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Deep-dive 2022-18: Largan Precision
The world's leading optical lens supplier getting ready for an iPhone upgrade
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Largan Precision (3008 TT) is a Taiwan-based global leader in the production of optical lenses for smartphone cameras.
Optical lenses are used to focus light onto an image sensor. For example, Japanese digital cameras (“DSLRs”) typically use large lenses made of glass that can take in an immense amount of light.
In the case of smartphones, however, there is no space to attach such large lenses. Instead, smartphone manufacturers stack plastic lenses on top of each other. And then, they use multiple cameras that all work together to create each photo.
Optical lenses might seem like a commodity product - but they’re not. They’ve long been among the most profitable parts of the iPhone supply chain. The reason is that plastic lenses require extreme precision, with tolerance below 1/500th the diameter of human hair.
Largan is the clear leader in the field. It’s long been the preferred supplier for Apple’s iPhones, which have some of the most advanced cameras of any smartphone. While Apple has more recently tried to diversify among its suppliers, neither can match the quality control of Largan. Scale in R&D also helps Largan maintain a technological lead.
The smartphone market is unfortunately mature. The only growth will come from a greater number of cameras per smartphone or a greater number of lens elements per lens set. Given that Apple represents over half of Largan’s revenues, it’s dependent on upgrades to the iPhone camera, which tend to take place every three or four years.
Then there’s the issue of COVID-19. First, Largan’s major customer Huawei was hit by a US ban, which prohibited it from using US components in its smartphones and providing users access to the Google Play app store. Second, Apple diversified away from Largan in 2020.
Bears claim that Largan has finally lost its advantage vs its Taiwanese and Chinese competitors. But it’s more likely that Apple diversified away from Largan to reduce the risk of supply chain disruption during COVID-19. In fact, Apple has experienced problems with its competitors’ lenses. Its efforts to deal with those problems through advanced software manoeuvres have only been partly successful.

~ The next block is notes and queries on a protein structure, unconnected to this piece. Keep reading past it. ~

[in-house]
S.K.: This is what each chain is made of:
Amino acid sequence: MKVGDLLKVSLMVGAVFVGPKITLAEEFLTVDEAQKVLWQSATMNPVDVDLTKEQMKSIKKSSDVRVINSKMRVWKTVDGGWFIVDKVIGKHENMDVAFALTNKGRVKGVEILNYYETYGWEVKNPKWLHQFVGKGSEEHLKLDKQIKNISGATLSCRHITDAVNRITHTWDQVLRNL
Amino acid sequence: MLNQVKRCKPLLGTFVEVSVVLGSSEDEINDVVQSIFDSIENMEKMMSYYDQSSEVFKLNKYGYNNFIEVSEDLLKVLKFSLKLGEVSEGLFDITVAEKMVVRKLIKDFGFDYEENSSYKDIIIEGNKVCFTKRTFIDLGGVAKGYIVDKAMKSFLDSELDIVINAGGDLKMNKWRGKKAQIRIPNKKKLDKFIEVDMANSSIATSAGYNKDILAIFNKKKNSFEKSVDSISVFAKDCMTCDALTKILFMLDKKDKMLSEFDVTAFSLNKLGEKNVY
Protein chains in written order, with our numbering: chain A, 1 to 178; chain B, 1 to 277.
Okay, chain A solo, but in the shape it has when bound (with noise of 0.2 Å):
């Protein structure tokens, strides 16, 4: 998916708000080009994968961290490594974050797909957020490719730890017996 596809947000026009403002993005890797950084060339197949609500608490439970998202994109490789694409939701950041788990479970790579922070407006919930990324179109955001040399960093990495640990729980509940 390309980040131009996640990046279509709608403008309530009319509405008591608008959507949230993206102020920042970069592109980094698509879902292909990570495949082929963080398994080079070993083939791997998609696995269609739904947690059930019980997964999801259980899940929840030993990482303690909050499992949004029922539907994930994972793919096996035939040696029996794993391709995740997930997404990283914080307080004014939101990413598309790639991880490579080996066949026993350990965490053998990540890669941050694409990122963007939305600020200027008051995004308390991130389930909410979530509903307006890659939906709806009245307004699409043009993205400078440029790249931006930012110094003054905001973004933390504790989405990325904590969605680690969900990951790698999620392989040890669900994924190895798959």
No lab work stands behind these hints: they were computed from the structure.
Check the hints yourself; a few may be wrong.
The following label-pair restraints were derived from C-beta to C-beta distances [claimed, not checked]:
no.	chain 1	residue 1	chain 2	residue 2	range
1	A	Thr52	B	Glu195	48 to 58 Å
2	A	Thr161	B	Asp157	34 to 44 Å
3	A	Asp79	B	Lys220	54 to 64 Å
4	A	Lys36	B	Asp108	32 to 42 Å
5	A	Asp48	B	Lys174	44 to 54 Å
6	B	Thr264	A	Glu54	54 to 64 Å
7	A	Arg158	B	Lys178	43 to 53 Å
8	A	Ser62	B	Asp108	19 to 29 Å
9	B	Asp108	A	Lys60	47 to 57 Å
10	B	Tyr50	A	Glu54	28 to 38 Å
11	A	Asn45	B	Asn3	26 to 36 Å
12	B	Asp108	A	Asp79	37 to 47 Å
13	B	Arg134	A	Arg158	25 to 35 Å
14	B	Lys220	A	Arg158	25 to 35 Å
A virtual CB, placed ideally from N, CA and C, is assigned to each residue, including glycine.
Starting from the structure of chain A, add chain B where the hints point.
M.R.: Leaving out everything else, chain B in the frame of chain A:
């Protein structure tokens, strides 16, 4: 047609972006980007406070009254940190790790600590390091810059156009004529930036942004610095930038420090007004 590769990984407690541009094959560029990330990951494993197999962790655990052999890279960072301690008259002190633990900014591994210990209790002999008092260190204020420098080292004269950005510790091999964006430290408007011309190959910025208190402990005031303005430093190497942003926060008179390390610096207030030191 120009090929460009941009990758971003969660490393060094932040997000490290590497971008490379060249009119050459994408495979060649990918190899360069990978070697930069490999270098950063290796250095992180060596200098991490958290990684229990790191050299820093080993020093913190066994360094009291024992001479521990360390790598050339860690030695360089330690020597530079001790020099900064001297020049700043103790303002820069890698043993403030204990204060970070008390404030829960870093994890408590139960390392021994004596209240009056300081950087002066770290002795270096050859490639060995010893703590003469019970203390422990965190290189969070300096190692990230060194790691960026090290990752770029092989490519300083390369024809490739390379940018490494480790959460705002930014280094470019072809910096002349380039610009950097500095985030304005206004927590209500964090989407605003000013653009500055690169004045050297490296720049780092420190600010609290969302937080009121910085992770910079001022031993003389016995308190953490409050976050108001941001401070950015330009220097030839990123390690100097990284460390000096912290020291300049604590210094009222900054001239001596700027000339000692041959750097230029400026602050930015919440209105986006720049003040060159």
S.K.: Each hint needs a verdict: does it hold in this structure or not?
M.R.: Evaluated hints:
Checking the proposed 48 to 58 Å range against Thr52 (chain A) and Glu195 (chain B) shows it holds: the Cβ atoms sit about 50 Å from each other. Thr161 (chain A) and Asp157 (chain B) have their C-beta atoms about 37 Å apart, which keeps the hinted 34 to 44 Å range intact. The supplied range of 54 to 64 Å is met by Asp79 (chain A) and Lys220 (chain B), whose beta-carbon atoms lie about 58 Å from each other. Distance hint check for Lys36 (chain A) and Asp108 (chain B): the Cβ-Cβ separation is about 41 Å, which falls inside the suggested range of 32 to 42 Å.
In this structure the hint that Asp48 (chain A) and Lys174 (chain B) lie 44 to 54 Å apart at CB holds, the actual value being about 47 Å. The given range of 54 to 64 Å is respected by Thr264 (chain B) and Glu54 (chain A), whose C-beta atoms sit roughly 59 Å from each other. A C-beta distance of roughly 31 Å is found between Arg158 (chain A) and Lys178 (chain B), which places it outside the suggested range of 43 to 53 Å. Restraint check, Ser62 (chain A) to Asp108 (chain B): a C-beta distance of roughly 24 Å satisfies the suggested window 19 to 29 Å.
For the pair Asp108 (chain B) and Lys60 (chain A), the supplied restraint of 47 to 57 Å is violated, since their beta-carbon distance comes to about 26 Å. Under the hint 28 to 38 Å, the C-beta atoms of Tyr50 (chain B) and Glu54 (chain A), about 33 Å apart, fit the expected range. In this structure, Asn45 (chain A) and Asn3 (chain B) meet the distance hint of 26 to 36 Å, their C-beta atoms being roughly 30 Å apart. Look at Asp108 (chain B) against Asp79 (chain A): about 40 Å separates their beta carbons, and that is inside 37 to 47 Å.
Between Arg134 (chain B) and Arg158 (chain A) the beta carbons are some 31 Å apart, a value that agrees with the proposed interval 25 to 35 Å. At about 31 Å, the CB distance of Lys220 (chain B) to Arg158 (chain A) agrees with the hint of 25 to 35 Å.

The iPhone camera will most likely get upgraded with the iPhone 15 Pro in September 2023. While no one knows for sure, the new iPhone is likely to have a quad-camera set-up with each camera having up to lens elements per set, and it could also include at least one periscopic lens.
Such an iPhone upgrade would imply a higher average selling price per lens set, a greater number of lens sets sold per phone and a greater market share since Largan leads in technological development.
Assuming a partial recovery from the Huawei ban and a limited loss in market share from Apple, Largan’s would trade at around 10x 2025e earnings with net cash representing 42% of the current market cap. Historically, Largan has traded closer to 18x P/E with a smaller cash position.
The main risk is that Apple diversifies away from Largan to Taichung-based competitor Genius or mainland Chinese competitor Sunny Optical. That has been the worry for many years, but Apple has been reluctant to do so. Also, since Largan enjoys 90%+ production yields vs its competitors’ 70%, Largan should be able to match them on price while maintaining higher profitability.
There’s also a risk that smartphone cameras have become “good enough” thanks to computational photography. On the other hand, why would Apple try to save a few cents on its optical lens supply and risk a deterioration in the quality of its cameras?
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